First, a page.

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Why do the best leaders lead with the brain in mind?

Leadership – what does this mean for you? What is the secret ingredient to being a great leader? It is quite simple really. The best leaders act in ways that support social and psychological safety of the people they lead. It is not rocket science but our understanding of how the brain drives behaviour has been largely absent from our leadership education programs.

For 15 years I have been working with leaders to help them understand how the brain drives behaviour and how they can use this knowledge to improve their leadership, their own performance and the performance of their team. How do I know this works? I can’t tell you how many senior leaders take me aside after doing some work with their people and ask “what have you done to my people?” The first time I was asked this question I was a little worried that I had done something wrong. I was relieved when one CEO who asked me this question said – “We have spent so much money on leadership development programs and coaching and nothing changed. You have done a few sessions with our people and they are acting differently. I thought I was going to have to get rid of Bob because nothing we did changed his behaviour and now his team is saying they don’t know what shifted his behaviour but he is a changed man”.

It turns out this happens a lot and has demonstrated to me time and time again how understanding how the brain drives behaviour and using this knowledge to lead effectively is the secret ingredient to great leadership and profoundly influences performance, innovation, engagement and wellbeing of the people we lead.

Leaders influence these outcomes or what I refer to as “lag indicators” (the result of leadership influence) through the degree to which they positively influence the social and psychological safety of the people they lead.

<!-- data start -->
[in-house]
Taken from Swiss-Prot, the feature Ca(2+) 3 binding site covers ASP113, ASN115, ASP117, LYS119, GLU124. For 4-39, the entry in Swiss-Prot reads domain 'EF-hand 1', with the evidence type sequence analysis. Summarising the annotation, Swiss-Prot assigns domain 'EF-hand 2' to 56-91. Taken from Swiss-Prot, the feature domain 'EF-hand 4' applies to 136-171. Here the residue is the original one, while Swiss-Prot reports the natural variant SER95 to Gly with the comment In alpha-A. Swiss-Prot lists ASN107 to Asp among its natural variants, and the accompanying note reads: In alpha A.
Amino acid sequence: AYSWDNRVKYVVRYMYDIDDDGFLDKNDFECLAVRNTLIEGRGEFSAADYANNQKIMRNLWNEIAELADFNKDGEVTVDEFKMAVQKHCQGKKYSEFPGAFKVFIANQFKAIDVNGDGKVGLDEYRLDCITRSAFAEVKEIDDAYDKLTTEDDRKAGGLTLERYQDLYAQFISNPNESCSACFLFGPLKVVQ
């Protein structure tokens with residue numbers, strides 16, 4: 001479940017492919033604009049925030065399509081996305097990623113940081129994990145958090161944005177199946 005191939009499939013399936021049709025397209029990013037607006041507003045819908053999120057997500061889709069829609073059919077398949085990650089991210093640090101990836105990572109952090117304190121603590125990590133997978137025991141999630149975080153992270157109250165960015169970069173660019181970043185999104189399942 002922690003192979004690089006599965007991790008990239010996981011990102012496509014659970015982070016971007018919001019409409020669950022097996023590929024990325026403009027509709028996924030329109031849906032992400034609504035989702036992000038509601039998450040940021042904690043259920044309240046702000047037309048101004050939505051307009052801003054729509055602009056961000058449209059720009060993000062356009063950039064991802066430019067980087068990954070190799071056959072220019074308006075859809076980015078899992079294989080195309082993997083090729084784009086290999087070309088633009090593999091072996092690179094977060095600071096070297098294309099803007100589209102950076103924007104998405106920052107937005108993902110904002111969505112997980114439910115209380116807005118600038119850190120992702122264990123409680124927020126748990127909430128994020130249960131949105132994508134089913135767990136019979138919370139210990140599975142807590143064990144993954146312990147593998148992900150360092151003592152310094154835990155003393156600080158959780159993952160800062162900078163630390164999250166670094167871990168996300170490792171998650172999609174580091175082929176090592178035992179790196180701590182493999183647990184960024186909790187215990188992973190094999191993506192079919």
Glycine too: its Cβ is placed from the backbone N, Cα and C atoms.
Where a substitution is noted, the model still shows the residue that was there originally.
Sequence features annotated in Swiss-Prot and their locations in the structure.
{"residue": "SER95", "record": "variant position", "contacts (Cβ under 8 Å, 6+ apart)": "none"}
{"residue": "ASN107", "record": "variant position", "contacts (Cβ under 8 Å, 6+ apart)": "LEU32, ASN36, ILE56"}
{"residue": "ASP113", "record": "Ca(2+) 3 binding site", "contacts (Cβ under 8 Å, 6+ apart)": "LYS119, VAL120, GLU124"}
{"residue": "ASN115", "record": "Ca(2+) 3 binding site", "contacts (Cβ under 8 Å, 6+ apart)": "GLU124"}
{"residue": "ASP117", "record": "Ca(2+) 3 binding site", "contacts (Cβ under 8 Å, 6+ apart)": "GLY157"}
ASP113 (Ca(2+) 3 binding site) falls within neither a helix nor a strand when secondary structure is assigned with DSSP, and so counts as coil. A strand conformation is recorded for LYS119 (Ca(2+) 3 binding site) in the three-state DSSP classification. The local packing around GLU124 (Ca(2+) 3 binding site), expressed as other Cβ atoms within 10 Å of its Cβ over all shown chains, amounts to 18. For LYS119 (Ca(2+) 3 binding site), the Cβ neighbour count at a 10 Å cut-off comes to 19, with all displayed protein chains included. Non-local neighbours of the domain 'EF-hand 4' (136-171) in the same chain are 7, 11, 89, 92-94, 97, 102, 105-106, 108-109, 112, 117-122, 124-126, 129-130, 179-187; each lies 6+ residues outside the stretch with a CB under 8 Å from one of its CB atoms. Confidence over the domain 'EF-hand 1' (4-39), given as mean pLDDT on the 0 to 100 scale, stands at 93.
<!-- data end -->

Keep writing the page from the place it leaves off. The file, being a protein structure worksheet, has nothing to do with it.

The degree to which a person feels psychologically safe is influenced by many factors and impacts the mental and emotional state of each person in a team. If we strip this idea back to its most fundamental aspect our brains’ key role is to keep us alive and safe. As such the critical assessment we make continuously can be encapsulated in one key question: Do I feel safe or not safe? Feeling safe or not safe is moderated by the social context we operate within (e.g a team, organisation, a neighbourhood, family). Humans are social organisms that live and work collectively in interacting populations and groups. Fundamentally humans are social beings.

Why are we biologically driven to feel safe?

For our brain to guide action to keep us alive and safe, a whole lot goes on in our brains and bodies that we are not aware of. Outside of your conscious awareness, you take in cues through your senses from the environment and match this with past experiences to guide the actions you take to stay safe. It is this predictive focus that means you are making assessments in microseconds that help you to deal with the world around you and to guide action and behaviour.

Whilst it is clear we rely on this to keep us physically safe we also rely on the same predictive focus to keep us socially safe.